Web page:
Young Cuban who painted anti-government graffiti faces 15 years in prison

For young people in communist Cuba, expressing discontent with the government doesn’t result in a citation or a fine, but in years in a Castro gulag. This is socialism in action.

Via CubaNet (my translation):

Prosecutors seek 15 years in prison for Cuban who painted criticism of Diaz-Canel

The young Cuban man Jorge Luis Boada Valdés, imprisoned since February 2022 for painting graffiti against the ruler Miguel Díaz-Canel in different places in his neighborhood in Lawton, Diez de Octubre, could be sentenced to 15 years in prison. That is the request from the Prosecutor’s Office, as reported to Diario de Cuba by his father, Jorge Luis Boada Ramos.

“We do not have a trial date, but the lawyer in charge of my son’s defense says the oral hearing should be this month or the next. We believe this prosecutorial request is excessive, but the Prosecutor’s Office argues that he is not only facing charges for what he wrote against Díaz-Canel, but also because he called for protests through his social networks,” explained Boada Ramos.

According to his statements, his son, who remains in the Valle Grande penitentiary center, is accused of enemy propaganda. However, in the current Cuban Penal Code, this offense can be punished with a maximum penalty of ten years of imprisonment.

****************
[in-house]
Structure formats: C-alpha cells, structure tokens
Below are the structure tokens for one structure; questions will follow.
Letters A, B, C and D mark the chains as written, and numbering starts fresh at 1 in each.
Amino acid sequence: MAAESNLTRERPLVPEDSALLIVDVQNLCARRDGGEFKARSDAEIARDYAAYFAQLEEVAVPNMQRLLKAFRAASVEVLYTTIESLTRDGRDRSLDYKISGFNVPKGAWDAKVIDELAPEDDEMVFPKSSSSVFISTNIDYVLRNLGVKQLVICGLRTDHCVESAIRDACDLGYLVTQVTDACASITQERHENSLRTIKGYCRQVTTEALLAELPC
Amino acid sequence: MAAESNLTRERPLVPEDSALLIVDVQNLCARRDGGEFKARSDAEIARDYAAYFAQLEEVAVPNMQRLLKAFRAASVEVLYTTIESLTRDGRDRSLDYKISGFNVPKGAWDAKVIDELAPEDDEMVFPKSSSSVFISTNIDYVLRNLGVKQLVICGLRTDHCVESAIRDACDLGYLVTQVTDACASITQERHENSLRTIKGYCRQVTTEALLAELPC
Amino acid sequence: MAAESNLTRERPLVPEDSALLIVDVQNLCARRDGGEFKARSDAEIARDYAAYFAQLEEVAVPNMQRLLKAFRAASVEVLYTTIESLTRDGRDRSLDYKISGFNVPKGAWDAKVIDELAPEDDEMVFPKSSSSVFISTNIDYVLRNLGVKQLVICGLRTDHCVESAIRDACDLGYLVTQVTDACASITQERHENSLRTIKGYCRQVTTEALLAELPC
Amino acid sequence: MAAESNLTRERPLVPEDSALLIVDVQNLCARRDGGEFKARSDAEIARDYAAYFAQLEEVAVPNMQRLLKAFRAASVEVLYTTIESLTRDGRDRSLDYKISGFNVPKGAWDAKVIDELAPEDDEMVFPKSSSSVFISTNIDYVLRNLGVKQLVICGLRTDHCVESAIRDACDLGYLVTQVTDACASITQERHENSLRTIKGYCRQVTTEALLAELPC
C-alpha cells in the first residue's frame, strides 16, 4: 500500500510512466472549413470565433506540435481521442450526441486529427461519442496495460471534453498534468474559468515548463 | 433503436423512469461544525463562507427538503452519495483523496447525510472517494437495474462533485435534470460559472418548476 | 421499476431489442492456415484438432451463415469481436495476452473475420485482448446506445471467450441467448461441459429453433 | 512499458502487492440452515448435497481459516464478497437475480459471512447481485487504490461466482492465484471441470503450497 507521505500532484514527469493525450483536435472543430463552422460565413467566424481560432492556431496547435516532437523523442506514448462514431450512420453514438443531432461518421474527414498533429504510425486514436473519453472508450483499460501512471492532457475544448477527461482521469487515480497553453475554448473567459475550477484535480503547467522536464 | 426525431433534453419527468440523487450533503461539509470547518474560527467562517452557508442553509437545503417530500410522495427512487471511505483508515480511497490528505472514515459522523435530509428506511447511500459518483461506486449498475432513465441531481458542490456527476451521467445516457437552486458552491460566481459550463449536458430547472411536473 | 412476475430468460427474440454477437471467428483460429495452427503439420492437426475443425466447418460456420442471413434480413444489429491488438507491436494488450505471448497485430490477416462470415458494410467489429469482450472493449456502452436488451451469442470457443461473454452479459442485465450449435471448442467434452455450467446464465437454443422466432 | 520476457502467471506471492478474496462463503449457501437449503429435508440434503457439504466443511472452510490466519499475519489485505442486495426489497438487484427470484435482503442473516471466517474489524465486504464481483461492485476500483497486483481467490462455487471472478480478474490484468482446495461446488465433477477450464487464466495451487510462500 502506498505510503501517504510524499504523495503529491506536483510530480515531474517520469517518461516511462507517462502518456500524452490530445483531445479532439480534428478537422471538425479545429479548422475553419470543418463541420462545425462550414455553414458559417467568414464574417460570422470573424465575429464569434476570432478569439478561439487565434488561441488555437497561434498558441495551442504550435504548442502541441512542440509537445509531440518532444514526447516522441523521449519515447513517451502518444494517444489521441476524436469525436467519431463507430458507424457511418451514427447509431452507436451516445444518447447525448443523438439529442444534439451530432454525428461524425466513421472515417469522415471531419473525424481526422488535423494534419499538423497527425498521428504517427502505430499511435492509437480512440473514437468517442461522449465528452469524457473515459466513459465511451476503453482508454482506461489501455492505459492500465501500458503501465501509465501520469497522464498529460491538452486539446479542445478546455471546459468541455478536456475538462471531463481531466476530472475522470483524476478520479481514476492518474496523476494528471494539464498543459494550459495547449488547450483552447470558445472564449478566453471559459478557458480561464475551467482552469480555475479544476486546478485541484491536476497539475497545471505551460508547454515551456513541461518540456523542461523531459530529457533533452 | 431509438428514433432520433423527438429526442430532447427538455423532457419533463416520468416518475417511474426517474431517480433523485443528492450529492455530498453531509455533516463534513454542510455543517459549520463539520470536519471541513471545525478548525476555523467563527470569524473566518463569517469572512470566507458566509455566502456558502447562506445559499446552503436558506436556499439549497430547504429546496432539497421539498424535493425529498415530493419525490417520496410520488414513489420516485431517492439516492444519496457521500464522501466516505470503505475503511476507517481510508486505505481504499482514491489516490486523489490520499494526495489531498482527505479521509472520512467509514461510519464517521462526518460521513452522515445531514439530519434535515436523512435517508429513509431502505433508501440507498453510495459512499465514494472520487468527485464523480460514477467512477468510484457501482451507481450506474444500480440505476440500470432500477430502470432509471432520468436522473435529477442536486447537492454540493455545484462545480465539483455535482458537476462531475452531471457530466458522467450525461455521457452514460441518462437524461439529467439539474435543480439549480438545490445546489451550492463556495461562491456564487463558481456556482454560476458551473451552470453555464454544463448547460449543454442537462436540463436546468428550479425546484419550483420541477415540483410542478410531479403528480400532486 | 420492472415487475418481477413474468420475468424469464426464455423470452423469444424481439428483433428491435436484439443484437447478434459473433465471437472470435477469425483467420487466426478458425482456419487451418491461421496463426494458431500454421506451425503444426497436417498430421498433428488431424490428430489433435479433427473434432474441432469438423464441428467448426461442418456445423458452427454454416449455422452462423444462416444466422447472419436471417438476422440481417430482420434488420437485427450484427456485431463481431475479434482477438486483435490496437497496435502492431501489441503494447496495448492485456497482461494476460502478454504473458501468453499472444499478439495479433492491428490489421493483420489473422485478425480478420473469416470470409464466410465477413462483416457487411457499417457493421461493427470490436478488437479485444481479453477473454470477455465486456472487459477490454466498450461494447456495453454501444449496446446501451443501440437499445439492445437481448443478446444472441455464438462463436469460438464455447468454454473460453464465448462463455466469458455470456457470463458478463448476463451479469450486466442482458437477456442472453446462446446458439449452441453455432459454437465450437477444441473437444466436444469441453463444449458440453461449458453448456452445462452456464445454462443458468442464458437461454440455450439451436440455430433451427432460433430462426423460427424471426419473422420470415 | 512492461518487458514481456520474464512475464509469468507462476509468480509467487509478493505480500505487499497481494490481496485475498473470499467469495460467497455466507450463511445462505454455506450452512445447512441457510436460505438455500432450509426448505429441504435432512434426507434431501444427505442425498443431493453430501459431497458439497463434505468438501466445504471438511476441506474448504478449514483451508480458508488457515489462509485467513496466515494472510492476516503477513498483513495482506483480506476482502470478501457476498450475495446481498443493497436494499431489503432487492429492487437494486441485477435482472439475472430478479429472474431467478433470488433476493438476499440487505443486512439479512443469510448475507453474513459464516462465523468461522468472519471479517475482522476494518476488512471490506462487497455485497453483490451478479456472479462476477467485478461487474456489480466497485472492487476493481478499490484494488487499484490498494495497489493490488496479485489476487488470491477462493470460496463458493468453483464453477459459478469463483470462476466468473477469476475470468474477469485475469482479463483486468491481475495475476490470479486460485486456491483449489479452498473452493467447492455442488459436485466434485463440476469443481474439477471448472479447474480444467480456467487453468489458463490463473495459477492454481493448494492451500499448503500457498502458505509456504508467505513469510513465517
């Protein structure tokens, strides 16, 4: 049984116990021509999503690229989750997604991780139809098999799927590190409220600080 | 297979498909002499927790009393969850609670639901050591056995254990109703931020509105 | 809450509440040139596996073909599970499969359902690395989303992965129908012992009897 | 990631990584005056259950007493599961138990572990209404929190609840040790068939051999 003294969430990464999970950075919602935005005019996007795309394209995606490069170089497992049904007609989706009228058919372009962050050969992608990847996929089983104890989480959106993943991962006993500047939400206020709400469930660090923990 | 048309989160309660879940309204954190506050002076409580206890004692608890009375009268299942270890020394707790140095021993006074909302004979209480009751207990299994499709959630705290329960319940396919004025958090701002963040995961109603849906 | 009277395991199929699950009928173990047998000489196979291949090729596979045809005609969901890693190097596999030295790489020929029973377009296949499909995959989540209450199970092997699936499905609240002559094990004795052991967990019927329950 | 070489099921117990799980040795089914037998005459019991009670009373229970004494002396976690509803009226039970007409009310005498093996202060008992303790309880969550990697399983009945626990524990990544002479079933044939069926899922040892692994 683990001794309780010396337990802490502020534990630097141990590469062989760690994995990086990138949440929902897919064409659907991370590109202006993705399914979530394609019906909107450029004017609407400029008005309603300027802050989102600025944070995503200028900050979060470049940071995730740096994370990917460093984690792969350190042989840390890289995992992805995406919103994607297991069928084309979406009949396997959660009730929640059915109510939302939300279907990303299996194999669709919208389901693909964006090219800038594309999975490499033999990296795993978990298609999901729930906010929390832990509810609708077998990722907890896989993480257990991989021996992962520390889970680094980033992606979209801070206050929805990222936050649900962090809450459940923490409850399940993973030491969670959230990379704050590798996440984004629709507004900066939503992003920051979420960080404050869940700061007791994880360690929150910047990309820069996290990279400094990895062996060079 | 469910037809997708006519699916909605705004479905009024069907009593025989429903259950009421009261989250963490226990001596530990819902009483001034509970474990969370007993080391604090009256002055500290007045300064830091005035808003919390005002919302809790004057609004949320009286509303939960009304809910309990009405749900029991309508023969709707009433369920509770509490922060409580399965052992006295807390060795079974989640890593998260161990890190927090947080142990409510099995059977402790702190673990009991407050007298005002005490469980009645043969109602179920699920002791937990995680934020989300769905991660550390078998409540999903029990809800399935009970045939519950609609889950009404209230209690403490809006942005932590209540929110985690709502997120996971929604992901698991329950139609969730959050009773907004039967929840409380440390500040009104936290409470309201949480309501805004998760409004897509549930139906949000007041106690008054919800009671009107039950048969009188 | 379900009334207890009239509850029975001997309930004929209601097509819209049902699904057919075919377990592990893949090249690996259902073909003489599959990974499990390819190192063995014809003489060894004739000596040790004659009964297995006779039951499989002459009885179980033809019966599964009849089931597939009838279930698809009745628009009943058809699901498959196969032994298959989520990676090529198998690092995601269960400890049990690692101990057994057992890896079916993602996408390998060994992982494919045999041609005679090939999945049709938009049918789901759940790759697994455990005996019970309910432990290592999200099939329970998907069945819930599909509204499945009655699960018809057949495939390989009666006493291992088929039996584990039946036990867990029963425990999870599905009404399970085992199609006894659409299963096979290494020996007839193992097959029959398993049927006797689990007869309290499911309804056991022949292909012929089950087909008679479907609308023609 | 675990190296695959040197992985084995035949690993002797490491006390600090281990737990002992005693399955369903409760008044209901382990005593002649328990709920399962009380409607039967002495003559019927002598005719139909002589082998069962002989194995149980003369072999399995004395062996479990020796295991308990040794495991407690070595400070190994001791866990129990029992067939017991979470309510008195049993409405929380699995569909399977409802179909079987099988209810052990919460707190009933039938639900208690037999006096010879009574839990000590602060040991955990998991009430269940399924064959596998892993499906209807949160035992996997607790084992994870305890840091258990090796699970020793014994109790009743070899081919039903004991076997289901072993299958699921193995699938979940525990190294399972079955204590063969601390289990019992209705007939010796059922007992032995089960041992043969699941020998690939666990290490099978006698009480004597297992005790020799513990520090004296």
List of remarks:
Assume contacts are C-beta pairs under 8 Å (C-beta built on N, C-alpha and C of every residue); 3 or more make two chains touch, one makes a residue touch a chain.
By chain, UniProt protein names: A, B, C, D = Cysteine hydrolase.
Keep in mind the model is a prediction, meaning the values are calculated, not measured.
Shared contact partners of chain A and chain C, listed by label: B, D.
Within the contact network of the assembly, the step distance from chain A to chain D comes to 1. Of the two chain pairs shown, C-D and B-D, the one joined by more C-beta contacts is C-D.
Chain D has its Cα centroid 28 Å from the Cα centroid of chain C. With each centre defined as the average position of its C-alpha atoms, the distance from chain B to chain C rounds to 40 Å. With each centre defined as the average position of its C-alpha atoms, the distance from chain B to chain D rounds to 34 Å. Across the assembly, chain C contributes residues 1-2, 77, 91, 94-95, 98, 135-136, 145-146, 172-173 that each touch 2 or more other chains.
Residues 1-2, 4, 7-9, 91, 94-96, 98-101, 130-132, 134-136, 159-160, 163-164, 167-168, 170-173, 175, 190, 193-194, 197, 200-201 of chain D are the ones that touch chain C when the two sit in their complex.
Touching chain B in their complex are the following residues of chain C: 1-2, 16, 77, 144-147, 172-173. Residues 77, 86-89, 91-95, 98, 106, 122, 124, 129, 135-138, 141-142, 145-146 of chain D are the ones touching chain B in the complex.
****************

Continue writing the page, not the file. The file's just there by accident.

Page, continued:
Last May, Jorge Luis Boada Ramos called on the international community to intervene for the release of his son and the rest of the those imprisoned for political reasons.

“I am not speaking for my son, I am speaking for all the young people who, like him, are now in different prisons experiencing the same situation. I make a plea to the entire world to stand up in favor of the entire situation of young political prisoners who are in Cuba serving sentences for different reasons,” he asked on that occasion.

In an interview with CubaNet, Boada Ramos denounced that his son is at risk in the Valle Grande prison, “because he is being held with people who have nothing to do with him, people [confined] for common crimes, people who steal, assault, injure, people who are lost.”